Deadline approaching for new HOA recording requirement

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“Governing documents” should be recorded by January 10

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The South Carolina Homeowners Association Act, an amendment to Title 27 of the South Carolina Code which included new §27-30-130, was signed into law by Governor Henry McMaster and became effective on May 17.

The act states that in order to continue to be enforceable, a homeowners association’s governing documents must be recorded in the county where the property is located by January 10, 2019 for associations in place on the effective date of the legislation. For new associations or for amendments to governing documents, recording must take place by January 10 of the year following the adoption or amendment of the documents.

The requirement to record Master Deeds is, of course, not new to South Carolina practitioners. We have recorded Master Deeds and their required attachments since the creation of Horizontal Property Regimes became possible in South Carolina. The new requirement applies to rules, regulations and bylaws of associations, including amendments to rules, regulations and bylaws. Practitioners have not routinely recorded these documents. It is interesting that recording rules, regulations and bylaws will not be subject to the requirement of witnesses and acknowledgements of §30-5-30.

A memorandum from the Register of Deeds of Horry County states that these documents will be accepted electronically and across the counter. Documents recorded across the counter must contain an original wet signature plus the printed name and title of the signatory. Horry County will also require contact information (address, email address or telephone number) of the person recording the document, the Homeowners Association’s name and the physical address or legal description of the property. Horry County also highly recommends, but does not require, the book and page number of the recorded Master Deed. This additional information may be included in a cover sheet.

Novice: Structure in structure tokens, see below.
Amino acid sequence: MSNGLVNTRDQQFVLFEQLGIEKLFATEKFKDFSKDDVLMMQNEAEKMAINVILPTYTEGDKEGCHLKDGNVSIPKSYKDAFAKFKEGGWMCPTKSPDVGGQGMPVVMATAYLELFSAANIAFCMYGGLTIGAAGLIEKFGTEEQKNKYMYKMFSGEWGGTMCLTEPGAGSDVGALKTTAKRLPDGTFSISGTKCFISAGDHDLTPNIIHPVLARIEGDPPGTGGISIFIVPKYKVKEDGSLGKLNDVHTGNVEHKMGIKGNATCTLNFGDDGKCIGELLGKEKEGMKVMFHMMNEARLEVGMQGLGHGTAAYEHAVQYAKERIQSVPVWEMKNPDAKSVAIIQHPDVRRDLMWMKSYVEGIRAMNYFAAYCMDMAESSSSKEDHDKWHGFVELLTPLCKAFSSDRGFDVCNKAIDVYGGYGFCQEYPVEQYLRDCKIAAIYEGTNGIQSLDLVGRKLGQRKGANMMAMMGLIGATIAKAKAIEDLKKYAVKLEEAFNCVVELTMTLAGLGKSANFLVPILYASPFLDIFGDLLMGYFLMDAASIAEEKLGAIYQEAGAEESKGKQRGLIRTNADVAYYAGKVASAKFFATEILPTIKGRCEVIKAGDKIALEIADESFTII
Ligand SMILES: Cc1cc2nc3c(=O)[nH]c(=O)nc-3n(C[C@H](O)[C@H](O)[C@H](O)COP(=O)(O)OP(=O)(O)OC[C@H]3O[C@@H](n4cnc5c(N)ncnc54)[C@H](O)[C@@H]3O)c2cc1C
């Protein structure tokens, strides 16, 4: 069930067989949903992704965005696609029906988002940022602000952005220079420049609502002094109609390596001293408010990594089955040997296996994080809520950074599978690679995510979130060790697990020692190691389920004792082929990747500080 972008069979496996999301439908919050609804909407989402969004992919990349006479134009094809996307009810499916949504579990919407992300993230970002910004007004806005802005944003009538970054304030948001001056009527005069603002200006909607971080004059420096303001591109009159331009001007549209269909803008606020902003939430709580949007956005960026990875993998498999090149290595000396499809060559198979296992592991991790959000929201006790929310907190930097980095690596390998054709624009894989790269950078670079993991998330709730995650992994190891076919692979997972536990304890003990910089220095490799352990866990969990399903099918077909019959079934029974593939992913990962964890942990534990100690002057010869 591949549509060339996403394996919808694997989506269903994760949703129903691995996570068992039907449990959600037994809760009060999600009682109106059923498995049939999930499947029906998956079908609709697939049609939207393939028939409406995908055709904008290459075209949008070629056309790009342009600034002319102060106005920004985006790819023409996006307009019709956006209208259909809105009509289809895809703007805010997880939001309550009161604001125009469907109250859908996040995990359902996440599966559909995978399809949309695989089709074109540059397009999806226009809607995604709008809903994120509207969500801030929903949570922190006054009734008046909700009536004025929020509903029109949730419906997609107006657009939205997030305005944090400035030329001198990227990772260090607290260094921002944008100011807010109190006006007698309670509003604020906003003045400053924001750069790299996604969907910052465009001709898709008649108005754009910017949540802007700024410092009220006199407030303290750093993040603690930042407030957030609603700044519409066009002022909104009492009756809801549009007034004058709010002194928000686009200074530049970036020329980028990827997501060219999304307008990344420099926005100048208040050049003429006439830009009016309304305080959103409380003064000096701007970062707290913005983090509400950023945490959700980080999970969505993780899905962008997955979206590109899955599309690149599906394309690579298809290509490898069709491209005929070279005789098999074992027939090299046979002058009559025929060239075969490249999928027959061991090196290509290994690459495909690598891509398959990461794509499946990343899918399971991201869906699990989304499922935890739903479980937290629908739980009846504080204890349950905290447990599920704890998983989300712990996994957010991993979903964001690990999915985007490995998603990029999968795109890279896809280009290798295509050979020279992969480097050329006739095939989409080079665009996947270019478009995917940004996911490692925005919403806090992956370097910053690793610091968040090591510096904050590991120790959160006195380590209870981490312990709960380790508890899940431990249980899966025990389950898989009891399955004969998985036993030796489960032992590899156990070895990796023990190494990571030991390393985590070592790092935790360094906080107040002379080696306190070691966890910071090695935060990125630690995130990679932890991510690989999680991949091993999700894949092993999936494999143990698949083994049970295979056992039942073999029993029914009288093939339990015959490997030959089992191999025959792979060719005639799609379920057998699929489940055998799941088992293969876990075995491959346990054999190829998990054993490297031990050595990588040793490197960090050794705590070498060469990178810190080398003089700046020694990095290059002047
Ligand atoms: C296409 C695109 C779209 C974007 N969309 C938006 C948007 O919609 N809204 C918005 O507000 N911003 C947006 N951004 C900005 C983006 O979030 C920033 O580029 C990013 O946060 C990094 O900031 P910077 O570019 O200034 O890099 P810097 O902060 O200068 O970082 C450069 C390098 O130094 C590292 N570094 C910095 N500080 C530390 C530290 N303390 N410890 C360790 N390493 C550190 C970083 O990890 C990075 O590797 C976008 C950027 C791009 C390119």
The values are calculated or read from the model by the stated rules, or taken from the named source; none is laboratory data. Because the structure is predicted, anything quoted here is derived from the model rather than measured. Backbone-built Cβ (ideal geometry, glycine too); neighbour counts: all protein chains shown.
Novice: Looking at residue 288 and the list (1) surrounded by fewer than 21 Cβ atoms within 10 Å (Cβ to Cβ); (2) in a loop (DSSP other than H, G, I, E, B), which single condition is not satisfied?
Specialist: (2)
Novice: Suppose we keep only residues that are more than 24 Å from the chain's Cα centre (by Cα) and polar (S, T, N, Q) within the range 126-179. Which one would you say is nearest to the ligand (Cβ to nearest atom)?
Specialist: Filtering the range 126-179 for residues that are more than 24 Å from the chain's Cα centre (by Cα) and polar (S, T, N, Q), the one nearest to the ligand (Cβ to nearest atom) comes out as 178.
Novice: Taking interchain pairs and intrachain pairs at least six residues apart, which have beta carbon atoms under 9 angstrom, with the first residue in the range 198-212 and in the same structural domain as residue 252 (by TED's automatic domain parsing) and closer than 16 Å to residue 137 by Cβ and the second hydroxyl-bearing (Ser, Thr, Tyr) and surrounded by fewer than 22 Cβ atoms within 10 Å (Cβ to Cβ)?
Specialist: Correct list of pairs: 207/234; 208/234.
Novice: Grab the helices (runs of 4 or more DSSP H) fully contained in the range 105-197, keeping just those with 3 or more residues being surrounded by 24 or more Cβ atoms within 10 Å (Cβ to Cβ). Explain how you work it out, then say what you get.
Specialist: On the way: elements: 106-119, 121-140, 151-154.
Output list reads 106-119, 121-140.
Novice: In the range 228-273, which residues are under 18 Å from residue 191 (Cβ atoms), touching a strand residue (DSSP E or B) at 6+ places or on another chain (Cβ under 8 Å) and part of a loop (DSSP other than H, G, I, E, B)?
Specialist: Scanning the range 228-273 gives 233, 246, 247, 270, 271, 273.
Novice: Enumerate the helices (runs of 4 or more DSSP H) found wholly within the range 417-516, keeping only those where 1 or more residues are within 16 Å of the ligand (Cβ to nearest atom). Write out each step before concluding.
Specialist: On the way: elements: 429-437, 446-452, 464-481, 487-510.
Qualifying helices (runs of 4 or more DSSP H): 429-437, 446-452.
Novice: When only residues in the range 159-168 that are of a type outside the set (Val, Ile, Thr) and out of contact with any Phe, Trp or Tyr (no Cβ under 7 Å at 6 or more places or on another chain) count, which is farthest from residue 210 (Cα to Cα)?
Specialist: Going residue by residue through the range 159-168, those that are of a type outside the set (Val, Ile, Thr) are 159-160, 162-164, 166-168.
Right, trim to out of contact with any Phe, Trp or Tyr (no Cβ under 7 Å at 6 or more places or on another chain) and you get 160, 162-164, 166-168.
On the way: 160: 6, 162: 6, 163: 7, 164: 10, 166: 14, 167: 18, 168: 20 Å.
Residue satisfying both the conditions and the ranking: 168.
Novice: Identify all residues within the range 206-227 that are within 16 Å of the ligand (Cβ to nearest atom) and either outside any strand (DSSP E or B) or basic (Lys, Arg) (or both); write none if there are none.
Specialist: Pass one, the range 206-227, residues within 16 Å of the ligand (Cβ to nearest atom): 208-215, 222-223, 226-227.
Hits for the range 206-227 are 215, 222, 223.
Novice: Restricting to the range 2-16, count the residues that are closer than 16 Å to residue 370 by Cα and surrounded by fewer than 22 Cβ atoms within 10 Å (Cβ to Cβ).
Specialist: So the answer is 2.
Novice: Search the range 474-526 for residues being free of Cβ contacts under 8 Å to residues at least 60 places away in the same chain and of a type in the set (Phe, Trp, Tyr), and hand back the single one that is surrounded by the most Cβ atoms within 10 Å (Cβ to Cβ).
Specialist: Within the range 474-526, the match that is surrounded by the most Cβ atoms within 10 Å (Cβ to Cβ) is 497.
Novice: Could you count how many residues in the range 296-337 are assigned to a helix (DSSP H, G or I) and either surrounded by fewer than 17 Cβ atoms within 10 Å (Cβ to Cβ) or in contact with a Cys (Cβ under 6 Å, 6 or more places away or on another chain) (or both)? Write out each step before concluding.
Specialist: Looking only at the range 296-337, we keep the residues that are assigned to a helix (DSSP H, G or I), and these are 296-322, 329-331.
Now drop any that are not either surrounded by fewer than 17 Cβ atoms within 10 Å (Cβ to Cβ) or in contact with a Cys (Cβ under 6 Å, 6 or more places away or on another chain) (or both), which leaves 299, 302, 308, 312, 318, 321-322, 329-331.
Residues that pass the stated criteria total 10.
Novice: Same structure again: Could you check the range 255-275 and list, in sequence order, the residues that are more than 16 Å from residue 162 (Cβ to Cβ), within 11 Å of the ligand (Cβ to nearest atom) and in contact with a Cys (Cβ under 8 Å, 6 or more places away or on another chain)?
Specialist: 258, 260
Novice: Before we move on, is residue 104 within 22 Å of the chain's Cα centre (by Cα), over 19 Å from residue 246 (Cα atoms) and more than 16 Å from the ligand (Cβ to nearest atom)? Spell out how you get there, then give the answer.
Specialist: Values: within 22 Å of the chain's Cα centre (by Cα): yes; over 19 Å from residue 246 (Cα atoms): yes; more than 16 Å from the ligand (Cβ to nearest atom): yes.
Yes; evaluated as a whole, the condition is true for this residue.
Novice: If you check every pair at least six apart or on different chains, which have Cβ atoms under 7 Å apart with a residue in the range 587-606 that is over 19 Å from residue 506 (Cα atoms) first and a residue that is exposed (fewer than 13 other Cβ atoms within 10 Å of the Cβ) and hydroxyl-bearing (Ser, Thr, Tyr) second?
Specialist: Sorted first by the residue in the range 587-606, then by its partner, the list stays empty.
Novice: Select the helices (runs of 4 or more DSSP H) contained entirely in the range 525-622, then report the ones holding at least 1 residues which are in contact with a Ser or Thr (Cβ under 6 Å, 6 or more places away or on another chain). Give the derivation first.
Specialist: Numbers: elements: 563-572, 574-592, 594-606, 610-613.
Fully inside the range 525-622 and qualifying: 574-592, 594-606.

The law also creates a new duty to disclose whether real property being sold is part of a homeowners association and a duty to disclose the condition of floors, foundations, plumbing, electrical and other components of the property. Real estate practitioners may be called upon to assist with these newly-created disclosures.

Another requirement of the legislation includes a 48-hour notice for meetings that are intended to increase budgets by more than ten percent. A requirement for access to community documents by owners was also added. This requirement was previously in place for associations that are created as non-profit corporations. The new law makes it clear that all homeowners associations must provide similar access to documents for owners. The law also gives magistrate’s courts concurrent jurisdiction for monetary disputes of up to $7,500 involving homeowners association disputes.

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New Cybersecurity law in SC affects insurance companies and agents

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The effective date is January 1, 2019

South Carolina’s legislature passed a cybersecurity bill on April 18, and Governor Henry McMaster signed it into law on May 3. The new law, which requires that insurers and producers (agents) must establish “strong and aggressive” programs to protect companies and consumers from data breaches, goes into effect at the beginning of next year. The law is called South Carolina Data Security Act, and it will be found at §38-99-10 et seq. of the South Carolina Code.

Insurers and agents must develop, implement and maintain a comprehensive written information security program based on internal risk assessments which contain administrative, technical and physical safeguards for the protection of nonpublic information.

New rules were created that include overseeing third party providers, investigating data breaches and notifying regulators, including the South Carolina Department of Insurance, of cybersecurity events.